The Reserve Bank of Australia (RBA) on Tuesday kept interest rates unchanged, but surprised some investors by not mentioning the Aussie dollar's recent slide.
As widely expected, the central bank held interest rates at a record low of 2.5 percent, where they have been since August last year, and maintained that it was "prudent to have a period of stability in rates."
But the RBA said the Aussie dollar remained high by historical standards, despite the currency sliding more than 6 percent against the U.S. dollar in the last month, to trade at $0.8748 Tuesday.
"The statement today is much more of a 'cut and paste' of recent months," said Annette Beacher, economist at TD Securities. "We were all looking for a phrase along the lines of a 'depreciation of the Australian dollar will help with the economy' [because] that's the phrase they used regularly... so that entire phrase or tone was missing today."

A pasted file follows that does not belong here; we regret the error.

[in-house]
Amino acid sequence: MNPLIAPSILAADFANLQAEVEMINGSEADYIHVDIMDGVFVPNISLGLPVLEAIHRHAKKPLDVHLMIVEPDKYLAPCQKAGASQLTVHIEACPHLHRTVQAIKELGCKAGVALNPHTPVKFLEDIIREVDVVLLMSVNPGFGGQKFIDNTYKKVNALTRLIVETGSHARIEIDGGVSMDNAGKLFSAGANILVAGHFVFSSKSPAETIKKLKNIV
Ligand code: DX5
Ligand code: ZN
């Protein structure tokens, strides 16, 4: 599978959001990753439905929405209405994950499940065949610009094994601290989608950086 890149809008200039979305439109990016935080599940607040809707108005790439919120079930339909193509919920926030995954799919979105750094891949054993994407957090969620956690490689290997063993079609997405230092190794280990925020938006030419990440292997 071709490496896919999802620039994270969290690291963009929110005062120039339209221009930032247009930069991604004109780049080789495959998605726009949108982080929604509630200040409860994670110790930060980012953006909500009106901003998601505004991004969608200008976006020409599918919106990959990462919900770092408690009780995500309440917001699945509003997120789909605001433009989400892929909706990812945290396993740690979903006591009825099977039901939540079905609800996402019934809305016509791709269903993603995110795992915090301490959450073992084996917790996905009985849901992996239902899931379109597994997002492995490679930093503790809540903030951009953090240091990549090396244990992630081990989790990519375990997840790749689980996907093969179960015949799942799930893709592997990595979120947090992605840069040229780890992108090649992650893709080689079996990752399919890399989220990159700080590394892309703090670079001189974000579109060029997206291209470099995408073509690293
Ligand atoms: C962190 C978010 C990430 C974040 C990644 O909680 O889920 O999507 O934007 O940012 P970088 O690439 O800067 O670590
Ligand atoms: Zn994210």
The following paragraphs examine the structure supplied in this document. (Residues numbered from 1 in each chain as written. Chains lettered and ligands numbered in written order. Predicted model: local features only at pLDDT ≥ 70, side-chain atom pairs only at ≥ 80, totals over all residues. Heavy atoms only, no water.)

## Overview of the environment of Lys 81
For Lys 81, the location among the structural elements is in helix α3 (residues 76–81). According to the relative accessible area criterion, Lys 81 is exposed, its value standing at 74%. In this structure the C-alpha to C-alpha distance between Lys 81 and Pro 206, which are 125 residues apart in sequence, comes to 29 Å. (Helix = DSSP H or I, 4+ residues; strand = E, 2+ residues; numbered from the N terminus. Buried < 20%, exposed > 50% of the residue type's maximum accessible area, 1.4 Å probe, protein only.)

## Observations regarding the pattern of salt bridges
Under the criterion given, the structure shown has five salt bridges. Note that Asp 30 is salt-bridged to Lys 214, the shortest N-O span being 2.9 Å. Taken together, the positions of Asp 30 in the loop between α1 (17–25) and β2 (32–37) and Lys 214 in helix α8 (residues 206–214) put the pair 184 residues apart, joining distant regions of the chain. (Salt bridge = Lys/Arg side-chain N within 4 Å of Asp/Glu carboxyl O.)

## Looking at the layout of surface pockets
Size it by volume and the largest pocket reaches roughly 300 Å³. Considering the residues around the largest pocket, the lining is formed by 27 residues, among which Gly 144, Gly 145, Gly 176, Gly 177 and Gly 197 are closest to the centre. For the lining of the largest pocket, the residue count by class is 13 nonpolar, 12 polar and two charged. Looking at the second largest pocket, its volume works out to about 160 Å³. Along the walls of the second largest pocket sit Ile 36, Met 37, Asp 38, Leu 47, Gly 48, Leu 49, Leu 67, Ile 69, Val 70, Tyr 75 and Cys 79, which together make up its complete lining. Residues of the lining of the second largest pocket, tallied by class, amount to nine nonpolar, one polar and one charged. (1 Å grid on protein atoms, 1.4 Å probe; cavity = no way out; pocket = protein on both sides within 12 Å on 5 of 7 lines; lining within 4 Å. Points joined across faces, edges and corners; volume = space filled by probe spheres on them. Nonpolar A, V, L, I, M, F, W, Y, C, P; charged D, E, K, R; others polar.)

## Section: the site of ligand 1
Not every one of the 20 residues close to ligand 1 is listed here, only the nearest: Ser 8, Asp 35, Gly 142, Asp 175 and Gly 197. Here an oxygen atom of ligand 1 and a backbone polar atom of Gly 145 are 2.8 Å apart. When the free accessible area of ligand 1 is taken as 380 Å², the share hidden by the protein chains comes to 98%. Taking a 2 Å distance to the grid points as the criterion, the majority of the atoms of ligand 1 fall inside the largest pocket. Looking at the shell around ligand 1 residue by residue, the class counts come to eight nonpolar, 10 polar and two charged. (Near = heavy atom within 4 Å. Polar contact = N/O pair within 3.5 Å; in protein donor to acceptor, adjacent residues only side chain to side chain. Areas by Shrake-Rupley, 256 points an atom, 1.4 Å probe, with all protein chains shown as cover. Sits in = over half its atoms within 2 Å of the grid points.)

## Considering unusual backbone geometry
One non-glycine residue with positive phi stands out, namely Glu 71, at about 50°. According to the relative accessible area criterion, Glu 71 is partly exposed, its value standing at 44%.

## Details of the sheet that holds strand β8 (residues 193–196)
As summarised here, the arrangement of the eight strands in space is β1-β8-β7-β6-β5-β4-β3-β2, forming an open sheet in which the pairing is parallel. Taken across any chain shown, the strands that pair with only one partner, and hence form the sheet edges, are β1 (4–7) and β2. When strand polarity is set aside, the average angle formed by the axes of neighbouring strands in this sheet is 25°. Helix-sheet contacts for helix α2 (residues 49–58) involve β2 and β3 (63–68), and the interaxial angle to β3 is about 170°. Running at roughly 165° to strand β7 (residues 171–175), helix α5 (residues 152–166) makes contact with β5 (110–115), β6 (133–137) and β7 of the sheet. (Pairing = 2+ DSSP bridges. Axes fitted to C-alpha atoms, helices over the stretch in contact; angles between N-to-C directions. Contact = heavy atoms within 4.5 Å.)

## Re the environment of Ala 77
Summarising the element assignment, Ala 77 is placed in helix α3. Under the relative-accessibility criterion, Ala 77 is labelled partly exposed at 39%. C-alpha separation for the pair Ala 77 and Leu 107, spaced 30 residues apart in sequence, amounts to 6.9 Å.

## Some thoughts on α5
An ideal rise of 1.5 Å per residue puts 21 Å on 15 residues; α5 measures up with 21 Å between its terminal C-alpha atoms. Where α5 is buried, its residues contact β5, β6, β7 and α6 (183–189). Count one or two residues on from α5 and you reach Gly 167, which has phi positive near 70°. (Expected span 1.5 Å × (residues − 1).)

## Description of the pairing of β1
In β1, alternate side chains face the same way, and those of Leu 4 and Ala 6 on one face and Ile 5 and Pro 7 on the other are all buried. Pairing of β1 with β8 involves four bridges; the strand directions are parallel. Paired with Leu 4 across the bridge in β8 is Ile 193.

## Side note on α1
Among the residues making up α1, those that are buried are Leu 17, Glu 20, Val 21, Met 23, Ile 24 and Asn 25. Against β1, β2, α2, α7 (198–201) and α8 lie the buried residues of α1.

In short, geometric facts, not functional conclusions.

But Beacher acknowledged that it could be a deliberate strategy by the RBA, which has made no secret of its preference for a weak currency.
"The governor knows we watch every phrase so it could be a deliberate strategy not to talk about how low the currency is but to emphasize how high it is compared with commodity prices and historical norms," she said.
The Australian dollar has been on a backfoot in recent months amid a strengthening greenback as the U.S. Federal Reserve continues to tighten monetary policy.
While the Aussie's rapid weakening may seem worrisome, it's still too strong by RBA standards, according to Paul Bloxham, chief economist for Australia and New Zealand at HSBC.
"We're still a touch above where the RBA is completely comfortable but they will think what's happened and the momentum in terms of the currency's downward movement is a pretty positive move," said Paul Bloxham, chief economist for Australia and New Zealand at HSBC.
"I think the fundamental value for the Aussie is between $0.80 and $0.85; that's where we're probably headed," he added.
On the country's labor market, which added 121,000 jobs in August, the RBA says the data have been "unusually volatile," adding that it could be some time before unemployment falls consistently.
"We saw that super-sized number last month and we know it's rubbish really. From our own job ads, we are seeing consistent size of growth and the official numbers are probably lagging that," said Patrick Perret-Green, Senior Interest Rates Strategist at ANZ. "[However], we expect to see some improvement over the months."